Home in Place’s Group Chief Strategic Engagement Officer, Professor David Adamson OBE, is the co-author of a new book, Sustainable Places : Addressing Social Inequality and Environmental Crisis to be launched this week.
The book calls for more holistic and place-based action to address the multiple and overlapping social and environmental crises impacting nations and local communities, including Australia. It outlines a Deep Place method, co-developed by Professor Adamson, as one of the tools that can be used in communities as part of a new model of regenerative collectivism to rebuild communities to tackle growing poverty and create more sustainable development. Professor Adamson has facilitated use of the method in projects in Muswellbrook and the Pacific nation of Vanuatu.
Professor Adamson said Deep Place and other actions outlined in the book can underpin the United Nations Decade of Action towards the Sustainable Development Goals SDGs). He said the SDGs provide governments, businesses and communities with a framework to take action to be more sustainable to benefit them and the planet.
“Place is a critical window on how to help resolve the crises,” Professor Adamson said.
“The book includes a series of case studies from the UK, Australia, and Vanuatu where the Deep Place approach has been successfully used,” he said.
“We need a real and green new deal as part of a radical new economic order to address the multifactorial global ecological crisis fuelled by the current carbon-based neoliberal capitalism models.”
“I hope the book will be of interest and use to governments and policy practitioners, academics, and social and climate justice advocates and activists.”
“The Deep Place method uses a planned approach to identify the uniqueness and key challenges faced at national, regional, city, town or neighbourhood level. It identifies what makes places unique to create an Action Plan to revitalise communities to create equitable and sustainable places of constant renewal.
“The greatest asset of any place is its people. Connecting people and place is the starting point to create liveable and inclusive places.”
Professor Adamson is the Chair of the Australasian Housing Institute’s (AHI) Sustainability Community of Practice, a World Urban Campaign City Changer, and Member of the Hunter SDG Taskforce. He has been recognised for his contributions to the social housing sector and to broader efforts to tackle poverty and to create more sustainable development – nationally and internationally. He was awarded an Order of the British Empire in 2010, partly for his work to regenerate some of the poorest communities in Europe. In the last year he was awarded both the AHI and Powerhousing awards for outstanding achievement.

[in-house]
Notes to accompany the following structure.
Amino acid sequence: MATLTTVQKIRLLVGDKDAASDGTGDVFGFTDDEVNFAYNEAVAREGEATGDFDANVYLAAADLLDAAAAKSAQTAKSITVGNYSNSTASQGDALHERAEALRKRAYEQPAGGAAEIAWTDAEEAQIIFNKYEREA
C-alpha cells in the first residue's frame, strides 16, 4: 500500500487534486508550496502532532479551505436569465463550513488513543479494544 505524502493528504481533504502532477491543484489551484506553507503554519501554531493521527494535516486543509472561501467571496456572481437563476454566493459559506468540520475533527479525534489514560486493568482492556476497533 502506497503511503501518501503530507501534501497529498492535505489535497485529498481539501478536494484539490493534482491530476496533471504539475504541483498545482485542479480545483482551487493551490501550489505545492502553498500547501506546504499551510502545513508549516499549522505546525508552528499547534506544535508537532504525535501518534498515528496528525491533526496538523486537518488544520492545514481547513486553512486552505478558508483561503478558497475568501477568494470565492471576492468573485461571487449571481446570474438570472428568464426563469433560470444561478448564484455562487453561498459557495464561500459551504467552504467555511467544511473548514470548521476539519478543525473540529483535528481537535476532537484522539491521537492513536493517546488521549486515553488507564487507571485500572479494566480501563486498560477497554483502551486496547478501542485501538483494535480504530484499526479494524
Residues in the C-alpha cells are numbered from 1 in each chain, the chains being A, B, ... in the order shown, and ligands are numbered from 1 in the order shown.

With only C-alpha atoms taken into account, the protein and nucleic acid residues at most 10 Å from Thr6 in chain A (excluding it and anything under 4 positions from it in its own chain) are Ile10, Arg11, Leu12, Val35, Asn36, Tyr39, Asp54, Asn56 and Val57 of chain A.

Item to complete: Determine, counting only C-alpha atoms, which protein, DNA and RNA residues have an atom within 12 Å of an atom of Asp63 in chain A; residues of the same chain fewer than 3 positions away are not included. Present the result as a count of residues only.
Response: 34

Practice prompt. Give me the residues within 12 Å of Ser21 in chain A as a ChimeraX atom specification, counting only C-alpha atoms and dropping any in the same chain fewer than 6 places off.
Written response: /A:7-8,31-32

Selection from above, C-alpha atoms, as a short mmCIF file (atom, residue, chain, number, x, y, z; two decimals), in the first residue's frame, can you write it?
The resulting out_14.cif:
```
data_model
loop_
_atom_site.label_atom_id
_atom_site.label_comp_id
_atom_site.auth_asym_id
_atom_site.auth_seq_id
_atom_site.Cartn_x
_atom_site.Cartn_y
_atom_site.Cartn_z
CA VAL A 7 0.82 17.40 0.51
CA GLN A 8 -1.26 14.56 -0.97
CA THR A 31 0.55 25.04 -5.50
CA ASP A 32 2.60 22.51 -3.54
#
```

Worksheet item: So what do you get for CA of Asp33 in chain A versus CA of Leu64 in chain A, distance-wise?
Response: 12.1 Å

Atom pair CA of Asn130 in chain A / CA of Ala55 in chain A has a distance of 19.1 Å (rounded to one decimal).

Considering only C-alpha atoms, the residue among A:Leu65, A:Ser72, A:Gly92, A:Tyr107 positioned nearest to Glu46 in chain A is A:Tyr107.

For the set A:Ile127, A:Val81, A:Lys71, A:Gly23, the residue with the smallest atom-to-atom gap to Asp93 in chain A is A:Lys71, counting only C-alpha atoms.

Since coming to Australia in in 2015, he has developed the Toward a National Housing Strategy to unite various housing bodies and experts to call for more Federal Government action on social and affordable housing. This strategy helped to initiate the broader Everybody’s Home campaign – which Professor Adamson has supported in various roles. He has taken a lead role in promoting and advocating the use of the UN Sustainable Development Goals and UN Habitat New Urban Agenda, including organising several Australian conferences. This year he wrote a short online course in partnership with Sentrient to help organisations and businesses to better understand the SDGs and their value in helping organisations and communities to become more sustainable.
The book will be launched in Sydney on September 10. Its authors are:
- David Adamson is an Honorary Professor at the College of Health, University of Newcastle, Australia, and Emeritus Professor at the University of South Wales, UK
- Lorena Axinte is a Research Associate at the School of Geography and Planning, Cardiff University, UK
- Mark Lang is an Honorary University Associate at the School of Law and Politics, Cardiff University, UK
Terry Marsden is an Emeritus Professor of Environmental Policy and Planning at the School of Geography and Planning, Cardiff University, UK.